‘Value added agric products key to export growth’
ZIMBABWE has a wide range of opportunities in value added agricultural exports. These exist particularly in areas such as fruit juicing, oil expression, beef, fruit and vegetable canning as well as cotton and leather processing amongst others.
One of the major advantages of value addition is increased export earnings as products become more competitive on the international market.
Non-traditional agricultural crops such as vegetables, fruits, flowers, houseplants, foliage and spices, have higher market values compared to traditional export crops. Zimbabwe has the capacity and potential to resuscitate export of these non-traditional high value agricultural goods.
In 1992, Zimbabwe had a diverse export product mix with a high composition of value added products such as textiles, clothing and processed foods, among others. However, in 2015, the export product mix was heavily skewed towards raw commodities.
Since dollarisation in 2009, the country’s trade deficit has thus widened from $1.3 billion to $3.3 billion in 2015.
Zimbabwe, like many African countries, is exporting low-value raw and semi-finished products only to import them back as expensive finished goods.
Consequently, intra-Africa trade has been shrinking, having dropped by 36 percent from $84.4 billion in 2012 to $54.1 billion in 2015.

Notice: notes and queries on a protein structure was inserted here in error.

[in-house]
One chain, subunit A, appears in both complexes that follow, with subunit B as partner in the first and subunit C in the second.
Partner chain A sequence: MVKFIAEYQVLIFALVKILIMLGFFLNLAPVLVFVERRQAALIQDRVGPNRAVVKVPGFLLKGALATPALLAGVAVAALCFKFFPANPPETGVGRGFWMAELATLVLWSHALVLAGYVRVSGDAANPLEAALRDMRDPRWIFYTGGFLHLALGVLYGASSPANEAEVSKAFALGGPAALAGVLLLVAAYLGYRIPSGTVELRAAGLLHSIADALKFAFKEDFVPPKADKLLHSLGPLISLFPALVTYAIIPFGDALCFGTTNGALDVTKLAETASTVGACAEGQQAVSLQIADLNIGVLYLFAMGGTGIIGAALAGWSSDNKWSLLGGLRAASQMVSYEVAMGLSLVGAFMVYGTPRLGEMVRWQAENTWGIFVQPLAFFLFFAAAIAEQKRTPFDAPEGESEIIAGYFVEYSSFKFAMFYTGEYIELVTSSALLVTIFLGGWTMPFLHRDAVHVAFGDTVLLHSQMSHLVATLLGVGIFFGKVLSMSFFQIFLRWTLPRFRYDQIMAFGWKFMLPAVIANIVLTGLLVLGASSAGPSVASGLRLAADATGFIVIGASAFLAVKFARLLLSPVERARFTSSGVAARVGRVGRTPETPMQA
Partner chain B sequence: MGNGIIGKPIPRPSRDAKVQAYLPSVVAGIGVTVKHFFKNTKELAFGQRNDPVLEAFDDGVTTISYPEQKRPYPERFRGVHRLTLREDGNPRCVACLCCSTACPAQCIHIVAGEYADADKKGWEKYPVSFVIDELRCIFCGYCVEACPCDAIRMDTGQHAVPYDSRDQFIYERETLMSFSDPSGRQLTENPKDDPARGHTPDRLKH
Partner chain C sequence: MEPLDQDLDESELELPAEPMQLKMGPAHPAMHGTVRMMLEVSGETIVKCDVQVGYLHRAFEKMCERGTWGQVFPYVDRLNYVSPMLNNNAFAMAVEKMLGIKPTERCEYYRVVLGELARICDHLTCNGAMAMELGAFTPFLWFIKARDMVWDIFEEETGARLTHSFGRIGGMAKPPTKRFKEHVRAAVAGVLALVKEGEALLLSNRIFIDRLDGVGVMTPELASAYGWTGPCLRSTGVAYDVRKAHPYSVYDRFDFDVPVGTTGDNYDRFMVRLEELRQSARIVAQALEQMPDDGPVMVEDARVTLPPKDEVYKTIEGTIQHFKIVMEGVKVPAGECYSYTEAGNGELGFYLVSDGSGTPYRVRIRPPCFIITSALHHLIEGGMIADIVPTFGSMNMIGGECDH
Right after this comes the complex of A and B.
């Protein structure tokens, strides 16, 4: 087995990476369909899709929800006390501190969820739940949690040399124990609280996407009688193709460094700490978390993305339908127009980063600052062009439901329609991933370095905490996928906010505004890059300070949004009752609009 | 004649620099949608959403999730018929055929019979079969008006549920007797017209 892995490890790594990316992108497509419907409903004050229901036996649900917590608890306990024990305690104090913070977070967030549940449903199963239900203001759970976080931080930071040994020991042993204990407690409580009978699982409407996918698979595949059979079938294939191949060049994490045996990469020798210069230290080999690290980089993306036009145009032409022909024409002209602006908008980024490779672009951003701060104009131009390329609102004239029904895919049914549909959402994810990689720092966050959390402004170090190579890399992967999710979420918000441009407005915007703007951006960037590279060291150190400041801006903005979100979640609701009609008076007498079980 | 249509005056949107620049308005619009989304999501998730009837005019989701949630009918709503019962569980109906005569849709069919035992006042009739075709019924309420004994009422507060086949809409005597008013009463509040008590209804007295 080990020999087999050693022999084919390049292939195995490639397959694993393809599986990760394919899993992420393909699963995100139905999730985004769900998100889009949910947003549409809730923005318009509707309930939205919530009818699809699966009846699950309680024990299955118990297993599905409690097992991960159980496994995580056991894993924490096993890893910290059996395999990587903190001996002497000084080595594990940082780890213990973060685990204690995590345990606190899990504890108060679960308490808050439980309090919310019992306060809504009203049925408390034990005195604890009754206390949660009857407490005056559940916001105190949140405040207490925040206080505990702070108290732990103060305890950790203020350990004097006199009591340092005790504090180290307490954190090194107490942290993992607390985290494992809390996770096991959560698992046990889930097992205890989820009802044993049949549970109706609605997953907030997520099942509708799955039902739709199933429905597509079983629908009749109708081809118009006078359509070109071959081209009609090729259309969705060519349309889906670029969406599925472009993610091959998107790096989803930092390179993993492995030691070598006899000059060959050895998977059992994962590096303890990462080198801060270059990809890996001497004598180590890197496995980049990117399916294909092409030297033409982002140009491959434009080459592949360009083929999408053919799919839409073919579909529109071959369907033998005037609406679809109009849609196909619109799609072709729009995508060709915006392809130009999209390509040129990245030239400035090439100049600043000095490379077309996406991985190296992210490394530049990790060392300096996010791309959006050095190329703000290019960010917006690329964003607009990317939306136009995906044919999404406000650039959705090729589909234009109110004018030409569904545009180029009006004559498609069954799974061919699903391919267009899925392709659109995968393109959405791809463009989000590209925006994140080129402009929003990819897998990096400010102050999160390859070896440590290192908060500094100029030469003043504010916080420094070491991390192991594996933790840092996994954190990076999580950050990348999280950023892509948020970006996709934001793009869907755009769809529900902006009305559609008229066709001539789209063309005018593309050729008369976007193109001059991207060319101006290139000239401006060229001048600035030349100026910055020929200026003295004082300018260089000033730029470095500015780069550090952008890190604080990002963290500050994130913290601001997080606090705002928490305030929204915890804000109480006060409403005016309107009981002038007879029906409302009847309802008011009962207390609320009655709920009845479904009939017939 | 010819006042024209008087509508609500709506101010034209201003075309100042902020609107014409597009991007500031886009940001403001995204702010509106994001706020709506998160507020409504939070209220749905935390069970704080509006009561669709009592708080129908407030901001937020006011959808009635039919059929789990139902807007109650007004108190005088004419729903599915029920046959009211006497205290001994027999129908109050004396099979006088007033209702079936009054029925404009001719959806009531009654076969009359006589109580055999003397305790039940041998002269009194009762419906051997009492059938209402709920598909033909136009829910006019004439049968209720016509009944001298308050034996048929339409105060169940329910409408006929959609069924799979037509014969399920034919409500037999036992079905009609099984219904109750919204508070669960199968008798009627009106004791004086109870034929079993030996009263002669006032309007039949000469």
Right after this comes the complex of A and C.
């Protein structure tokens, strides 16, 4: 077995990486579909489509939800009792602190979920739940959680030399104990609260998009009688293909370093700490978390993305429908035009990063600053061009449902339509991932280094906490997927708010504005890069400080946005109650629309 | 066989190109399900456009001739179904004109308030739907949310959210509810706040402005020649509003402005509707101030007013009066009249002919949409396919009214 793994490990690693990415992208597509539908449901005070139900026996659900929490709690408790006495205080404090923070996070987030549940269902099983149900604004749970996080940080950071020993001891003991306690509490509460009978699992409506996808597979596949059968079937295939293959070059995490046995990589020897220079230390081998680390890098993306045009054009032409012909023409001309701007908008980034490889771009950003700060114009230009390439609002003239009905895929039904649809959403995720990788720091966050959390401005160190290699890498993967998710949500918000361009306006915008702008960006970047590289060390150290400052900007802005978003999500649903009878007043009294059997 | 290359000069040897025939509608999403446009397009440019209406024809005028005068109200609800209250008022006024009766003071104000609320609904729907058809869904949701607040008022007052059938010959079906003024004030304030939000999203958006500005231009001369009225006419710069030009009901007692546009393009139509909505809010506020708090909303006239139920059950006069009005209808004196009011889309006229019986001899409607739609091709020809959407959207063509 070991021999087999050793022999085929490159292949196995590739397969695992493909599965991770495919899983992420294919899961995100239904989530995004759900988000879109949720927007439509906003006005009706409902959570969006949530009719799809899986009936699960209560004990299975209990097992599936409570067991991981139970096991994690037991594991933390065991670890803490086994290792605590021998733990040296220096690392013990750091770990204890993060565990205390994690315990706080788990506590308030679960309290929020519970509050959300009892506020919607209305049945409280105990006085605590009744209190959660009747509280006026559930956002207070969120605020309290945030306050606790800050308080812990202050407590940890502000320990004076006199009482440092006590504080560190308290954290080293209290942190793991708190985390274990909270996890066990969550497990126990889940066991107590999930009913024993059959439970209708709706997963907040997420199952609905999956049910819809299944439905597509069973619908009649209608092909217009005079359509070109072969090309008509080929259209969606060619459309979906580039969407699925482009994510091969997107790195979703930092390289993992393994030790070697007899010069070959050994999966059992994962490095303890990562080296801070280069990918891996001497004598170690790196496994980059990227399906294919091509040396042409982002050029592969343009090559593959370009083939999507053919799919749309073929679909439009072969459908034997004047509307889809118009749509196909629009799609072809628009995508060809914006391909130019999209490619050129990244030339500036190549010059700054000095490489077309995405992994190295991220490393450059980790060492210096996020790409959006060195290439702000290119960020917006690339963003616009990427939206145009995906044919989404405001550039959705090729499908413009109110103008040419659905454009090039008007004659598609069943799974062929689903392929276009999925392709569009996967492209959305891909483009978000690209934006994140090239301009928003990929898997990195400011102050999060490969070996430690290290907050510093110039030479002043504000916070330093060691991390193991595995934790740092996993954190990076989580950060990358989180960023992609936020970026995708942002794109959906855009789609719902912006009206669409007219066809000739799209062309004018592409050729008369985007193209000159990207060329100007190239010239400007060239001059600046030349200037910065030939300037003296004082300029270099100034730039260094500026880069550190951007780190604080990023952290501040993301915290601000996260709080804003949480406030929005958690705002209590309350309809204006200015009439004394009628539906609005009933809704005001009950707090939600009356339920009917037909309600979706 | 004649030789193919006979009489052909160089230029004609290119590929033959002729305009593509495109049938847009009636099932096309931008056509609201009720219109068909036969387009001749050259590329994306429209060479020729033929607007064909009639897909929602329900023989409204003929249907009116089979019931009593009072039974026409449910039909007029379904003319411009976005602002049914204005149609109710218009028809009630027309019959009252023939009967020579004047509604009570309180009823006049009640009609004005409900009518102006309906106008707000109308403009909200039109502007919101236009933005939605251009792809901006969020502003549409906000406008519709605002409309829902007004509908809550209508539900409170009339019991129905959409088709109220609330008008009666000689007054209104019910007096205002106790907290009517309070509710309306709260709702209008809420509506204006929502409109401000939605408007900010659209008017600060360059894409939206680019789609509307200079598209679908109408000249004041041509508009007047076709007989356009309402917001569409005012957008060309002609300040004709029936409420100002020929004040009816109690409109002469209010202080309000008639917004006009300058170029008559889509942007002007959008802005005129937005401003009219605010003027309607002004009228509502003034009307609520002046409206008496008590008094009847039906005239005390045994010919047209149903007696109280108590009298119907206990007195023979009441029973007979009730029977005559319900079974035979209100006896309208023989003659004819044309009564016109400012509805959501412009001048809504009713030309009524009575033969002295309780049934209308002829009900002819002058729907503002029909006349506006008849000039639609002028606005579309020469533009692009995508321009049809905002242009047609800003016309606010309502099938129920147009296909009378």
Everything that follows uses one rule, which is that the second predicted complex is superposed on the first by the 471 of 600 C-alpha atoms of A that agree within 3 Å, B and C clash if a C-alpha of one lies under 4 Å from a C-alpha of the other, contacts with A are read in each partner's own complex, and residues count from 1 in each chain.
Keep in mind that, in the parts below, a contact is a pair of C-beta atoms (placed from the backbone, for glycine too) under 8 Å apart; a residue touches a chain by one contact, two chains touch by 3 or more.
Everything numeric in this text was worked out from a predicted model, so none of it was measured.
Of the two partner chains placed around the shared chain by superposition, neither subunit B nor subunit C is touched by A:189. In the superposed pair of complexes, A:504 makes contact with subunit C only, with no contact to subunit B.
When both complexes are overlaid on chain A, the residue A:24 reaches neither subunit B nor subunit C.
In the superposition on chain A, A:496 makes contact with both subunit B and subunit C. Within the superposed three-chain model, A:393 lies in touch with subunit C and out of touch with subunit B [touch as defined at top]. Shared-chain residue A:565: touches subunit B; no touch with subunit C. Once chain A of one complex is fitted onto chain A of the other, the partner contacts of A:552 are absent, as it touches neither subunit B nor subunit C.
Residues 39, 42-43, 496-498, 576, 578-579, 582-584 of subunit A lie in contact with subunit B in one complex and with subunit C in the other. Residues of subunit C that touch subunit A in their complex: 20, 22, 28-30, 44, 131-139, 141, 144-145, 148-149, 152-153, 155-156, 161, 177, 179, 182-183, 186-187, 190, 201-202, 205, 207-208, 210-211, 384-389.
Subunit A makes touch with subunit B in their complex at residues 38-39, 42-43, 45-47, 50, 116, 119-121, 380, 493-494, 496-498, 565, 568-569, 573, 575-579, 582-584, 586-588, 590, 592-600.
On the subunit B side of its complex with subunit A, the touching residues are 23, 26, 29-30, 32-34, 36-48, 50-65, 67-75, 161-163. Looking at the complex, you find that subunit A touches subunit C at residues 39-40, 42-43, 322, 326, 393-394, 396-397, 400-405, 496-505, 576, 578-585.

Cotton ginners use international lint prices as a benchmark to set prices for the local produce.
Consequently, lower returns have seen Zimbabwe’s cotton production fall from 350 million kilogrammes in the 2011/12 season to 104 million kilogrammes in the 2014/15 season.
Local farmers should, therefore, improve the cotton value addition from fibre to the fabric or clothing level, to minimise the effects of declining cotton prices.
Most cotton farmers only retain between 15 percent to 20 percent of the value of their produce, while the remaining 80 percent to 85 percent is realised by other value chain players such as ginners, spinners and clothing manufacturers who are usually foreigners.
International commodity prices are susceptible to external macroeconomic shocks and hence are very unstable. An example is the drop in cotton prices, which emanated from the sharp increase in global cotton stocks (particularly in China) as well as the influx of cheap synthetic fibres.
The global average price per pound of cotton declined by 56 percent from $1.56 in 2011 to $0.68 in 2016.
ZimTrade is therefore, encouraging businesses particularly in the agriculture and manufacturing sectors to redirect their efforts to building skills and technologies that will allow production of their own high value products and grow revenue in the process.
Originally published in the Zimtrade August newsletter.